Aviation: An Angolan company is transforming Brazil into a strategic market – for cargo and tourism

“We reached 60% of the movement before the pandemic and we are expected to expand this growth”, Eduardo Fairen Soria, CEO of TAAG. (Credit: Post)

The resumption of the global air market reached 70.8% of the pre-pandemic level in June 2019, according to data from the International Air Transport Association (IATA). Faced with the possibility of sustaining growth through 2022, airlines, domestic and foreign, have sought different strategies to increase revenue. The initiatives mainly include increasing the number of passenger and cargo flights to international destinations or even domestic segments. Taag Linhas Aereas Angolanas is an example. By the end of this year, it intends to increase the frequency of weekly flights between Brazil and Luanda, the capital of Angola, to five, and from four to 16 the total number of flights per week in the cargo section between Guarulhos Airport, São Paulo and China. “The idea is to make Guarulhos the main entry point. There is also interest in connecting other cities in Brazil with China,” said Eduardo Fairen Soria, CEO of Taago, on Monday (29), when he presented the company’s growth plans.

Fairen was accompanied in Brazil by the executive director for the commercial area of ​​Taaga, Lisa McNally. The purpose of the trip was to participate in meetings with partners and discuss commercial projects. The country is a strategic hub for the company in terms of mobility between Latin America and Europe, via Angola. “This connection allows cultural and economic exchange to take place,” said Fairen. The growth plan also aims to boost the economies of emerging countries that are part of the BRICS.

The fact that, as he says, Angola is the shortest distance between China and South America, the executive intends to use it to increase business, with an emphasis on the cargo division. Cargo traffic has become an important ally for airlines in 2020 and 2021 in light of the sharp decline in passenger traffic due to pandemic traffic restrictions. Airplanes were initially used for the transport of vaccines, and later for all types of cargo, mainly those from electronic commerce, a sector that has experienced a dizzying increase in the last two years.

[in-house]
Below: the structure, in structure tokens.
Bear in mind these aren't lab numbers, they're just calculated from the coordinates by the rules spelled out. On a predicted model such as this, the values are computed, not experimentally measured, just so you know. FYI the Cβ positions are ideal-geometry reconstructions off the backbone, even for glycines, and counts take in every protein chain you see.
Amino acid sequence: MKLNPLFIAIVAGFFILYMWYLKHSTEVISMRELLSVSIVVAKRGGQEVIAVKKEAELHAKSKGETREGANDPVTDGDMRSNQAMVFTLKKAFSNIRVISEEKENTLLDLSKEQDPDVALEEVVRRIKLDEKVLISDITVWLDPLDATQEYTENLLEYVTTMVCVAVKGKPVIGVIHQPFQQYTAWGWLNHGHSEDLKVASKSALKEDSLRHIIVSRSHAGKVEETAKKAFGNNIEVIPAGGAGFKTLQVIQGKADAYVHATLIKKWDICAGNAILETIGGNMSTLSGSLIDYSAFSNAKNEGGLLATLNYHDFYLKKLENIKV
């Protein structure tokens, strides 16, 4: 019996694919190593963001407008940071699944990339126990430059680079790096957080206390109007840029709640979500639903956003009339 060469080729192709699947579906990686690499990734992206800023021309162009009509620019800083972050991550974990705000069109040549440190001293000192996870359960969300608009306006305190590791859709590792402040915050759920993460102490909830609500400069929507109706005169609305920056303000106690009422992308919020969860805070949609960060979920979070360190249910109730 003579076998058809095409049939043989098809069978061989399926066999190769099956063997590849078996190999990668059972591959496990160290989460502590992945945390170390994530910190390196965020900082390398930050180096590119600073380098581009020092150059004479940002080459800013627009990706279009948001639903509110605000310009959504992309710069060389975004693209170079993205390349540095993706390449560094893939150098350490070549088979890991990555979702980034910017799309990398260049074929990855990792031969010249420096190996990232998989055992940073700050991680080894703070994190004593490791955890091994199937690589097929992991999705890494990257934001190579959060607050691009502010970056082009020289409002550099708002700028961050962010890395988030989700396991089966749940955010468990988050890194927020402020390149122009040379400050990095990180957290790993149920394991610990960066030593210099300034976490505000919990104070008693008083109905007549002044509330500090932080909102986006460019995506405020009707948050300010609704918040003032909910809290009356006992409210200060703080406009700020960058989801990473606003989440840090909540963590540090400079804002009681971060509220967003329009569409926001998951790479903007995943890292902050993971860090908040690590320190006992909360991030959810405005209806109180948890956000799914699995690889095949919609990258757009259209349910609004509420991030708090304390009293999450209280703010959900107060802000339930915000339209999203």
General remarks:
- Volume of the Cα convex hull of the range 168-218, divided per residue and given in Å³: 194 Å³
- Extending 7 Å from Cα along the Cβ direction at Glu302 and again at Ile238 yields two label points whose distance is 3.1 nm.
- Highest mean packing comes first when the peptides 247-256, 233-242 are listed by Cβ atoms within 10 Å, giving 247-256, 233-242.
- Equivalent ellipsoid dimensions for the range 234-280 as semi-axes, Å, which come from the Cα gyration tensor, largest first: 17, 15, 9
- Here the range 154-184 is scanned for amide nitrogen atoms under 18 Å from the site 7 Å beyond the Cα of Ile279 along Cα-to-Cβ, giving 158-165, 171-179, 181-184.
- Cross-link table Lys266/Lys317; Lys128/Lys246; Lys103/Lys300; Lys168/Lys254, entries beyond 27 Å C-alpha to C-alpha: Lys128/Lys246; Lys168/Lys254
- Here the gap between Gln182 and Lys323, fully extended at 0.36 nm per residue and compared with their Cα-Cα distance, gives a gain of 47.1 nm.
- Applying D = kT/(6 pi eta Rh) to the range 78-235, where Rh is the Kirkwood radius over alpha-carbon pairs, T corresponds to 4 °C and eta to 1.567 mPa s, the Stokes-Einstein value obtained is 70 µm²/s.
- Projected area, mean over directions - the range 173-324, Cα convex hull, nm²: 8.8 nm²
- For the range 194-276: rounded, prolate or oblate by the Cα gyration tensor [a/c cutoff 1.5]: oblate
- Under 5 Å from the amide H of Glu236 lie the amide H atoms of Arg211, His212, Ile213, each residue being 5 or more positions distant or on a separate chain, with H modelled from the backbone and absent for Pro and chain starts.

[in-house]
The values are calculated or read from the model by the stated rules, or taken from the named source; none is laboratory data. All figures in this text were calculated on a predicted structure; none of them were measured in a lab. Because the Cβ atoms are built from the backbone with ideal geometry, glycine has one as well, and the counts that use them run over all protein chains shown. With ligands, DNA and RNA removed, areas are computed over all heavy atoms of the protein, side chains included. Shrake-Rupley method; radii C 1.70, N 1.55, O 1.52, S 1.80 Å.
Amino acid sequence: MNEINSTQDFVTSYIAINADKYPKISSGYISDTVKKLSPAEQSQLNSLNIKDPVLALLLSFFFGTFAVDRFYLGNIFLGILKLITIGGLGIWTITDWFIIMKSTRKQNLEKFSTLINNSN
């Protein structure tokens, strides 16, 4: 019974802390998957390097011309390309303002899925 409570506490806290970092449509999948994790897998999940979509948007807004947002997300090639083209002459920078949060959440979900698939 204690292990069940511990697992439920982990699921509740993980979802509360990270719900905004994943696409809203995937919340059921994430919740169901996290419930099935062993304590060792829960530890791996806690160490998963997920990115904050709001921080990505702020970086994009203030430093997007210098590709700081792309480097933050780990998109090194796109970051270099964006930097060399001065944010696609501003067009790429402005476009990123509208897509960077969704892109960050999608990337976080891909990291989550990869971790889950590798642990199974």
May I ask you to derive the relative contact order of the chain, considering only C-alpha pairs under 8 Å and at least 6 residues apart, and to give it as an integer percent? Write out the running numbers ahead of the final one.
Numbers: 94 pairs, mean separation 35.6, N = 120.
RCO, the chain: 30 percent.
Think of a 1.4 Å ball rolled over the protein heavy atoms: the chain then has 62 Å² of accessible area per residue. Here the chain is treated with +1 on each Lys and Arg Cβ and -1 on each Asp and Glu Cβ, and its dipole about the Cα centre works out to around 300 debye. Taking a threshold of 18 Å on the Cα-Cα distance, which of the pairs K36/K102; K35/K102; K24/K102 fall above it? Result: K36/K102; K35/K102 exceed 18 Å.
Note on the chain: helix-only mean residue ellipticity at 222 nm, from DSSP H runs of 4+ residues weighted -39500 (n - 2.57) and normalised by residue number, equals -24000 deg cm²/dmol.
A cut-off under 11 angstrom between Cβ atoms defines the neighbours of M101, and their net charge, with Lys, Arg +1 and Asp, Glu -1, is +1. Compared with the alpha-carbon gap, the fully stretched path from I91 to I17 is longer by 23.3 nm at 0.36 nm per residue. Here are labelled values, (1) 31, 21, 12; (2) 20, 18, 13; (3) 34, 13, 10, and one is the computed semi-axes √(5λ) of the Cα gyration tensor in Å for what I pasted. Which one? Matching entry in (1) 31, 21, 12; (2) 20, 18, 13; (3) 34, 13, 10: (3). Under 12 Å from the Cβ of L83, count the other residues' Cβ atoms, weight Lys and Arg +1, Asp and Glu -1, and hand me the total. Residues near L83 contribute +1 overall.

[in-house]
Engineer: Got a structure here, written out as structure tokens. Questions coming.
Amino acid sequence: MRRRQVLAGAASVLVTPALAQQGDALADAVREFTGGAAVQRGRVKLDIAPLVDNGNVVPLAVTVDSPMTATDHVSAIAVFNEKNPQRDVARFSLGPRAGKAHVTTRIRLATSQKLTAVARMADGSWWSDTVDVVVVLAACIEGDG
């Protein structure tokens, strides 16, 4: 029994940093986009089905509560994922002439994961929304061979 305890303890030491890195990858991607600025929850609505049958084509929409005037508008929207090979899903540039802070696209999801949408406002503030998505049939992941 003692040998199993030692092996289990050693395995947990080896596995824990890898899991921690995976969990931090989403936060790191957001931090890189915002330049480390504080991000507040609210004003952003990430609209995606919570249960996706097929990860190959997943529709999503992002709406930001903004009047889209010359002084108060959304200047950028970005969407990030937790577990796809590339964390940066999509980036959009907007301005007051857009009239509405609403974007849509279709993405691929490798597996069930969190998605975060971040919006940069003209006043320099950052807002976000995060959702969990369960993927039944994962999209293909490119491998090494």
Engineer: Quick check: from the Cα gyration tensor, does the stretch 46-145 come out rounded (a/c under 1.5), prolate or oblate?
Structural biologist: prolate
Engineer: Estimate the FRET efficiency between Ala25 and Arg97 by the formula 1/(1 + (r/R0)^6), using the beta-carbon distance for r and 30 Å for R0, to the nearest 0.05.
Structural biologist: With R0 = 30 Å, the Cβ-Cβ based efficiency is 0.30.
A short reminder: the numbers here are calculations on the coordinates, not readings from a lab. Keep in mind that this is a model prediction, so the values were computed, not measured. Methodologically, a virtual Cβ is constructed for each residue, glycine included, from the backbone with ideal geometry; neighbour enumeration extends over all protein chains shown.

The Angolan company, founded in 1938, had seven weekly frequent lines to China, but business was slow. Betting now continues on e-commerce demand and on partnerships, such as the US$200 million announced in June with Chinese intercontinental cargo group Lucky Aviation. “We want to increase revenue on the Brazil-Angola leg,” Fairen said, noting that aircraft carrying produce tend to be fuller on the route between Africa and Brazil.

Taag operates two aircraft in the cargo division and is due to receive six more 777s by 2023. In 2022 alone, the company transported more than 1,000 tons of products to Brazil from China. The amount is 100% higher than that recorded in the period before the pandemic. From 2019 until now, the total has reached 4.1 thousand tons. If we take into account the occupancy of aircraft – with cargo or passengers – in 2022, the growth was 34% compared to 2019.

PASSENGERS Taag operates three weekly flights between Brazil and Angola. As of November 5, there will be four, and it is predicted that there will be five by the end of the year. The decision was motivated by an increase in demand between the two countries with the resumption of tourism. “We reached 60% of the movement before the pandemic and we expect to extend that growth,” said the CEO. The company initially bets on expanding the fleet from the current 24 aircraft to 38 in the medium term. The goal is to reach a total of 52 planes by 2026.

According to CEO Lisa McNally, Taag aims to offer people the full range of experiences when visiting Africa, whether for business or just for adventure. “Trade between Brazil and Angola has increased, as has demand for vacations and tourism,” he said. “That’s why we increased the frequency of flights between São Paulo and Luanda.” The expansion of routes and the number of aircraft involves training people to integrate the workforce, initially as pilots, sector-related engineers and mathematicians. A sign that Taag is already starting to gain cruising altitude after facing a period of turbulence.

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